(Bloomberg) -- President Donald Trump will request at least $8.6 billion in new funding for the construction of a wall on the U.S.-Mexican border as part of his budget request to be released Monday. The budget plan will also assume continued robust economic growth in the U.S.
The president’s proposal asks for an additional $5 billion in funding for the Department of Homeland Security and $3.6 billion in new military construction funds, plus an additional $3.6 billion to replace previously appropriated funding that Trump wants to use for the wall, according to a senior administration official, who requested anonymity to discuss the plan ahead of its release.
The request is in addition to the funds that Trump is hoping to allocate through executive action after declaring a national emergency in February over the situation on the border, a move likely to tee up a new battle with Congress.
Overall, the White House looks to secure funding -- via this year’s budget, Trump’s emergency declaration and previous appropriations -- for 722 miles (1,162 km) of border barrier, using an estimated cost of about $25 million per mile of wall or fencing.
“The whole issue of the wall, of border security, is of paramount importance,” National Economic Council Director Larry Kudlow said Sunday in an interview with Fox News. “We have a crisis down there.”
The White House request, reported earlier by Reuters, represents the first marker in what’s certain to be another protracted battle between the Trump administration and congressional negotiators -- particularly Democrats who hold the majority in the House.
“President Trump hurt millions of Americans and caused widespread chaos when he recklessly shut down the government to try to get his expensive and ineffective wall, which he promised would be paid for by Mexico,” Speaker Nancy Pelosi and Senate Democratic Leader Chuck Schumer said Sunday in a joint statement. “Congress refused to fund his wall and he was forced to admit defeat and reopen the government. The same thing will repeat itself if he tries this again.”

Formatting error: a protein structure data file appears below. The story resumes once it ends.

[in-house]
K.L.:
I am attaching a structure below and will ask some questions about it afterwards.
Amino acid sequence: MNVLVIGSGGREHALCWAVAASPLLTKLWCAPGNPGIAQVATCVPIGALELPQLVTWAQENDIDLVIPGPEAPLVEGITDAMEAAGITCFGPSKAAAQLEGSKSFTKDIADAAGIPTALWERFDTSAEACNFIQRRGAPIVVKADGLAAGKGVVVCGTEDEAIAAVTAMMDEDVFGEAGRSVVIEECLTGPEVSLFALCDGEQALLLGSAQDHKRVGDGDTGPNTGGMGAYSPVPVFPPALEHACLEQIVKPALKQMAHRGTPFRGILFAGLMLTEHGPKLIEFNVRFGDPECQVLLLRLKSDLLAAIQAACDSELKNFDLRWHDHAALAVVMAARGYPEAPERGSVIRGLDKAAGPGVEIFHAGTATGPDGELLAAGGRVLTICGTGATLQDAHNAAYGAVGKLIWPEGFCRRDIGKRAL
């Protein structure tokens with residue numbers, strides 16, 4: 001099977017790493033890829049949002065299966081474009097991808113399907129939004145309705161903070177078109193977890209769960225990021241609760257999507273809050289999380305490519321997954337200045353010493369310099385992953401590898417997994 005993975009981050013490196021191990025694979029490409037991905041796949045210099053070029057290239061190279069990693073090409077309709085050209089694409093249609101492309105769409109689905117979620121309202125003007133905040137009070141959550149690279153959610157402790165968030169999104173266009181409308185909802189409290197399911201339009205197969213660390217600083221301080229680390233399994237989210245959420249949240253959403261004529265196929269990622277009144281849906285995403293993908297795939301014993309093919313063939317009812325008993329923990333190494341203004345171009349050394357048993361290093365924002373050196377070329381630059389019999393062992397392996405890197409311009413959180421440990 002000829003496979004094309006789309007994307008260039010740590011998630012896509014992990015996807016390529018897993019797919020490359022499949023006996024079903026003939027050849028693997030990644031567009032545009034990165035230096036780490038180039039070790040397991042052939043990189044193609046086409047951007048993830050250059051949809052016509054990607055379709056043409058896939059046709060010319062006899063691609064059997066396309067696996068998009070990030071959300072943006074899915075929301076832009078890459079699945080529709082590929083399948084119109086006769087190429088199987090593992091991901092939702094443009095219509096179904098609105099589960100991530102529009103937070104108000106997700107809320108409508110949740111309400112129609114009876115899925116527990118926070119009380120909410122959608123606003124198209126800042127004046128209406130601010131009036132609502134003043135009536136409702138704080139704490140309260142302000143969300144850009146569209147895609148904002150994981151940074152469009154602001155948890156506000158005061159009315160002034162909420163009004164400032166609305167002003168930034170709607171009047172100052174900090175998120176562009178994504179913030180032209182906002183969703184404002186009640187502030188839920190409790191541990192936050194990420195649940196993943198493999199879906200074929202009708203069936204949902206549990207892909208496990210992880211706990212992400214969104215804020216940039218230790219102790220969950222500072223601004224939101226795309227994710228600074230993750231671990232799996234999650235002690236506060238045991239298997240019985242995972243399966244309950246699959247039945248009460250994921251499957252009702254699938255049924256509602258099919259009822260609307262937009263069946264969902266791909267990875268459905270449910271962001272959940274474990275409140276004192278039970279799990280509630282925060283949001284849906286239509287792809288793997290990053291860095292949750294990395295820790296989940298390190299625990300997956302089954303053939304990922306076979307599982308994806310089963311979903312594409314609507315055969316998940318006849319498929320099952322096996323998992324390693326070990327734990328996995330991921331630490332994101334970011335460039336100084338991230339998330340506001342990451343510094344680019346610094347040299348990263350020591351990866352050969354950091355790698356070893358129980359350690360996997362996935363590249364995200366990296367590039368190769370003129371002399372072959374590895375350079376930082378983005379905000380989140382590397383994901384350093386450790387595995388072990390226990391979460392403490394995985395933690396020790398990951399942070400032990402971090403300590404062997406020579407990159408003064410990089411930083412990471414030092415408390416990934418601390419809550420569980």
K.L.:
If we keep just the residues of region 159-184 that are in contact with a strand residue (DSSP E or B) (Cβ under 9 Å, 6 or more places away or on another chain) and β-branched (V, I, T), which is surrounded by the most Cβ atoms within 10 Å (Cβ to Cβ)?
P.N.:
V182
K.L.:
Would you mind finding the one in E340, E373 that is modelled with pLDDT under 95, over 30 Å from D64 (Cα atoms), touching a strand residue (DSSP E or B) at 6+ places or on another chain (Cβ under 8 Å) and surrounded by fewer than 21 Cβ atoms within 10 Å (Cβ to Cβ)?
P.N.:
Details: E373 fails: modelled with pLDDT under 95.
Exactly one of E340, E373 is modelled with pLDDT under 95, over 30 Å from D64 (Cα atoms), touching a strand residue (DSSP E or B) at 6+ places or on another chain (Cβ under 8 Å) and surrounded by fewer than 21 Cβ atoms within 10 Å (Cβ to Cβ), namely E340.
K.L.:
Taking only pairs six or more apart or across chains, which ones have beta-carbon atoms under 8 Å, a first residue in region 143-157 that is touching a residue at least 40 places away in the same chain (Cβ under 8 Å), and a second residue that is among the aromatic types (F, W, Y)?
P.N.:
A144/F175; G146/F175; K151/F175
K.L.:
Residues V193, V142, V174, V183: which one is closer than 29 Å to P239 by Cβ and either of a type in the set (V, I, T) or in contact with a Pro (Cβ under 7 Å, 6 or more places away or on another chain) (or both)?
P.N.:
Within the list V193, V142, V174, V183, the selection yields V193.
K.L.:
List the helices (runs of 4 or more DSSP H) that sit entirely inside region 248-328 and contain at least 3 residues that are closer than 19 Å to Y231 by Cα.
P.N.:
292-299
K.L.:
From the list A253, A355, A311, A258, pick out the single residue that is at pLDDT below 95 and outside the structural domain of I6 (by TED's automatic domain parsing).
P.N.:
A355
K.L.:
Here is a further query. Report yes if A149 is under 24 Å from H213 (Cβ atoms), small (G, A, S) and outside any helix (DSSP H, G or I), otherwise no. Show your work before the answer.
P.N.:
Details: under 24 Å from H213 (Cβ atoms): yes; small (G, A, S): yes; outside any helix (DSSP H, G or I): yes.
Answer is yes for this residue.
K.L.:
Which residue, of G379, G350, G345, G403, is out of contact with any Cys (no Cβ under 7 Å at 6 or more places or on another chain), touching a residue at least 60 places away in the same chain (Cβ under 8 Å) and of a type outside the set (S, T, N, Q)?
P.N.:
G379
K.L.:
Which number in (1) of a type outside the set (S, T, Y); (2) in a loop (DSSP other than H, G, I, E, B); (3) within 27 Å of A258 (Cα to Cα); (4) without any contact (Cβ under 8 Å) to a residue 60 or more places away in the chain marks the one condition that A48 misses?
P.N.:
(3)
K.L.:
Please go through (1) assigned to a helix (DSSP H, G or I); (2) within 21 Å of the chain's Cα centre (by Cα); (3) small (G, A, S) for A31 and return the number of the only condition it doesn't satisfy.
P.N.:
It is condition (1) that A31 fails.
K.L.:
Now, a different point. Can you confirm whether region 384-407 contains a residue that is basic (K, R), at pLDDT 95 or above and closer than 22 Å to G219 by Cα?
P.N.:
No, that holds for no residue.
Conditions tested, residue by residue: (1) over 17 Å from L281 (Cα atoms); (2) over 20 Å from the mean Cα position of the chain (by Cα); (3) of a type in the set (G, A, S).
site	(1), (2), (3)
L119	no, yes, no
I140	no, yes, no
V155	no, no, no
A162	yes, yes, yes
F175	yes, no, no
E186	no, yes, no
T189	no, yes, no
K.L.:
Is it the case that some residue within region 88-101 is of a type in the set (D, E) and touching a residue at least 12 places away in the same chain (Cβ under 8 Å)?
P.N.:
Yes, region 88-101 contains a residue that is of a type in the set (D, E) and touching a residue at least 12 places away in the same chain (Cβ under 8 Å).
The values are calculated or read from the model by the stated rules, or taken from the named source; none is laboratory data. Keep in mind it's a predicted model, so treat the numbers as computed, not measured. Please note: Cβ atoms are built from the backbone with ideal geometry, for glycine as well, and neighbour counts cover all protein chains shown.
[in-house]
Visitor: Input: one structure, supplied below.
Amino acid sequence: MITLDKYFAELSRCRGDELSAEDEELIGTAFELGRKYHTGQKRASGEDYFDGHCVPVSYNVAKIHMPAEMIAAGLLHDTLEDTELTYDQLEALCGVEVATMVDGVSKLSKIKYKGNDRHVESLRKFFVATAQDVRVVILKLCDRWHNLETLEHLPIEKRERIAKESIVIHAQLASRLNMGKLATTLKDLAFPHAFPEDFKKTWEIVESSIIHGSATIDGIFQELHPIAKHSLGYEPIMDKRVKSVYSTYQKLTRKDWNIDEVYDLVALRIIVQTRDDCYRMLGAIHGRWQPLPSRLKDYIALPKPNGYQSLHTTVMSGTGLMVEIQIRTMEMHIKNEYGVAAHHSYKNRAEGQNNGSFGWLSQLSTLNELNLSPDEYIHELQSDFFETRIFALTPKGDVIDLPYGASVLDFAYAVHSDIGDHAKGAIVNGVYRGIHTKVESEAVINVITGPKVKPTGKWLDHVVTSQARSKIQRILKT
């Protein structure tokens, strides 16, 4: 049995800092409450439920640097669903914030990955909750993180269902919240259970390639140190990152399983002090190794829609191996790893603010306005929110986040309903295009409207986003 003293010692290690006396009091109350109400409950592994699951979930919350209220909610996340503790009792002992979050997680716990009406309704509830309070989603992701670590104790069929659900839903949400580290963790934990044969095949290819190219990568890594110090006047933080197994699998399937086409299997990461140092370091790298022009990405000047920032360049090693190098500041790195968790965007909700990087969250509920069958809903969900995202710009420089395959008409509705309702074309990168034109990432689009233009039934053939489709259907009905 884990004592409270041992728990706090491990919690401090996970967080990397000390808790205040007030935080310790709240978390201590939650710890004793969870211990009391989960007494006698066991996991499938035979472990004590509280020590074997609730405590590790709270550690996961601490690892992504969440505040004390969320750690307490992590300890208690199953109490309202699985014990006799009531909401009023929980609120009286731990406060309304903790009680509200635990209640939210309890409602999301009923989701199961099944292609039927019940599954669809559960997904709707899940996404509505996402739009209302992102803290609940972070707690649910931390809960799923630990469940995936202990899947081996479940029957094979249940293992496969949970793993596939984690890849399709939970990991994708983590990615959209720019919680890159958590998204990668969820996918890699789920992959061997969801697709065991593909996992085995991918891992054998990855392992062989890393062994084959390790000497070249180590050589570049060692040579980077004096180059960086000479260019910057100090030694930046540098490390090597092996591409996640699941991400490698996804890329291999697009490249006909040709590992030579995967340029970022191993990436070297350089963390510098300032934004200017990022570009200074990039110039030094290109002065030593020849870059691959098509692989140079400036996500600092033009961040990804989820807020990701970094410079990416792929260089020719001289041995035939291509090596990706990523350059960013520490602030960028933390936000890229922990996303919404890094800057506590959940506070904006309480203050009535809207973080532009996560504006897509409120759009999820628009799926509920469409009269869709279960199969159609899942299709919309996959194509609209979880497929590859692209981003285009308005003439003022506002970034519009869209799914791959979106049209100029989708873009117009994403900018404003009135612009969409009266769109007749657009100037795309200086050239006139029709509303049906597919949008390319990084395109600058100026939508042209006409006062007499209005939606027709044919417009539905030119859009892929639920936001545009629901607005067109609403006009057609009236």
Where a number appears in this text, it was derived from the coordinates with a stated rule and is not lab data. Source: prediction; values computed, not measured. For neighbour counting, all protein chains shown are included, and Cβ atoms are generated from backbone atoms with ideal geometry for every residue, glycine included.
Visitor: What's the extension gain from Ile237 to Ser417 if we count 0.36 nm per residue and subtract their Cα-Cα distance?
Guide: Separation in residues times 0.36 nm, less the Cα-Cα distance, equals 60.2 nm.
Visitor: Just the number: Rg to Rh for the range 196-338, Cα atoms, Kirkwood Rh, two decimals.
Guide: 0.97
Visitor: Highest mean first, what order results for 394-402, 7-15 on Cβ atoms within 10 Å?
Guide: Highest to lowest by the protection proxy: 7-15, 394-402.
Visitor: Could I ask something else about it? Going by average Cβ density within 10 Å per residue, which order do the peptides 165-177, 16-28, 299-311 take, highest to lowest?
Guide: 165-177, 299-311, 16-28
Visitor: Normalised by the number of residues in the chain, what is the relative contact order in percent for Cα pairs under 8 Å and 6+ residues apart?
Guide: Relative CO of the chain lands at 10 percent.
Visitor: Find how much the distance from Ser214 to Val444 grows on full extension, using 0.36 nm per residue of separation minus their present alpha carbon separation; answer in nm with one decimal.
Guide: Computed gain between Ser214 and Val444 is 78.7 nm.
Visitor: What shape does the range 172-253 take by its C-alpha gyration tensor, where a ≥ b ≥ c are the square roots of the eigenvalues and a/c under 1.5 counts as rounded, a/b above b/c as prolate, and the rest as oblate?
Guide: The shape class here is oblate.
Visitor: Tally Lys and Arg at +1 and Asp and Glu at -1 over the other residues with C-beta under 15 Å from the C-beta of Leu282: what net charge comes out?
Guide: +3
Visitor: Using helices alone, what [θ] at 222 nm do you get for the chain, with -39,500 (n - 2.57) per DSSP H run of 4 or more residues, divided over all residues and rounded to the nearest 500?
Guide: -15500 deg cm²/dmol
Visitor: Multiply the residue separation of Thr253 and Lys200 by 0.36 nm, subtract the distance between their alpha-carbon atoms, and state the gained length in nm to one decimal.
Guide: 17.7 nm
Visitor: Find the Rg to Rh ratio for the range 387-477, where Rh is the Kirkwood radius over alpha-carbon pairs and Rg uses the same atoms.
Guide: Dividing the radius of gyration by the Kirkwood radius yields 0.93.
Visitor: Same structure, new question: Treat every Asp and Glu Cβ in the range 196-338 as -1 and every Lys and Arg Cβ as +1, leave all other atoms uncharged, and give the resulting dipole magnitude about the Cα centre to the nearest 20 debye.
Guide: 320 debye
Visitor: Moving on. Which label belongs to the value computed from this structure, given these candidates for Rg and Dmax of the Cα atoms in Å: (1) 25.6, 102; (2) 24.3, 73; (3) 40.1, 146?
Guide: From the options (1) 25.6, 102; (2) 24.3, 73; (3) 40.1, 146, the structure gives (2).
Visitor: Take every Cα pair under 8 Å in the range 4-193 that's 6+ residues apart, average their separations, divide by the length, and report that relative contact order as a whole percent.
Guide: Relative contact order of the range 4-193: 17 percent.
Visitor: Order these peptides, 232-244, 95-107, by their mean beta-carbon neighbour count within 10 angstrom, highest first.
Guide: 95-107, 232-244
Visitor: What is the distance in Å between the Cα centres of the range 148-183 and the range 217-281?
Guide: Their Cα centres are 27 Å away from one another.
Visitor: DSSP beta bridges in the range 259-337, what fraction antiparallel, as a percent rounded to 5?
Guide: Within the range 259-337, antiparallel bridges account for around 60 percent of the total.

Trump rejected a bipartisan funding agreement in late 2018 because it didn’t include enough wall funding, leading to a 35-day federal government shutdown. He finally agreed to reopen the government when lawmakers provided him $1.375 billion for new border construction, and he then announced his plans for the national emergency.
The House voted Feb. 26 to block the emergency declaration, and enough Republicans have said they’ll also vote against it for it to pass in the Senate. But neither chamber appears to have the votes to override a promised presidential veto.
‘Stopping an Invasion’
Trump said he’s “stopping an invasion” of the U.S. in Twitter comments Saturday directed at conservative commentator Ann Coulter, whose criticism reportedly helped inspire his decision to hunker down for a record-long shutdown.
The request is just a part of the president’s 2020 budget blueprint, which he’s expected to present to lawmakers on Monday. It’s the first since Democrats won control of the House in November’s mid-term elections, and it’ll will kick off months of bargaining over his spending requests and proposed funding cuts for many domestic programs.
The budget will meet the president’s goal of a 5 percent cut to non-discretionary domestic spending from the budget caps in fiscal 2019, a second senior administration official said.
The budget document also includes economic projections for the next decade, with the administration forecasting continued expansion.
The budget document will project the economy growing at an average of 3 percent annually over the net decade, according to the official, including 3.2 percent growth for 2019. The White House predicts the economy will grow 3.1 percent in 2020, 3 percent in 2021, and 2.8 percent in 2026. The economic projections were first reported by the Wall Street Journal.
The projections are at odds with those of many private forecasters. A Bloomberg survey puts the consensus U.S. GDP forecast for 2019 at 2.5 percent, trailing off to 1.9 percent in 2020 as the impact of the 2017 Republican tax cuts fades.
(Updates with detail from second paragraph.)
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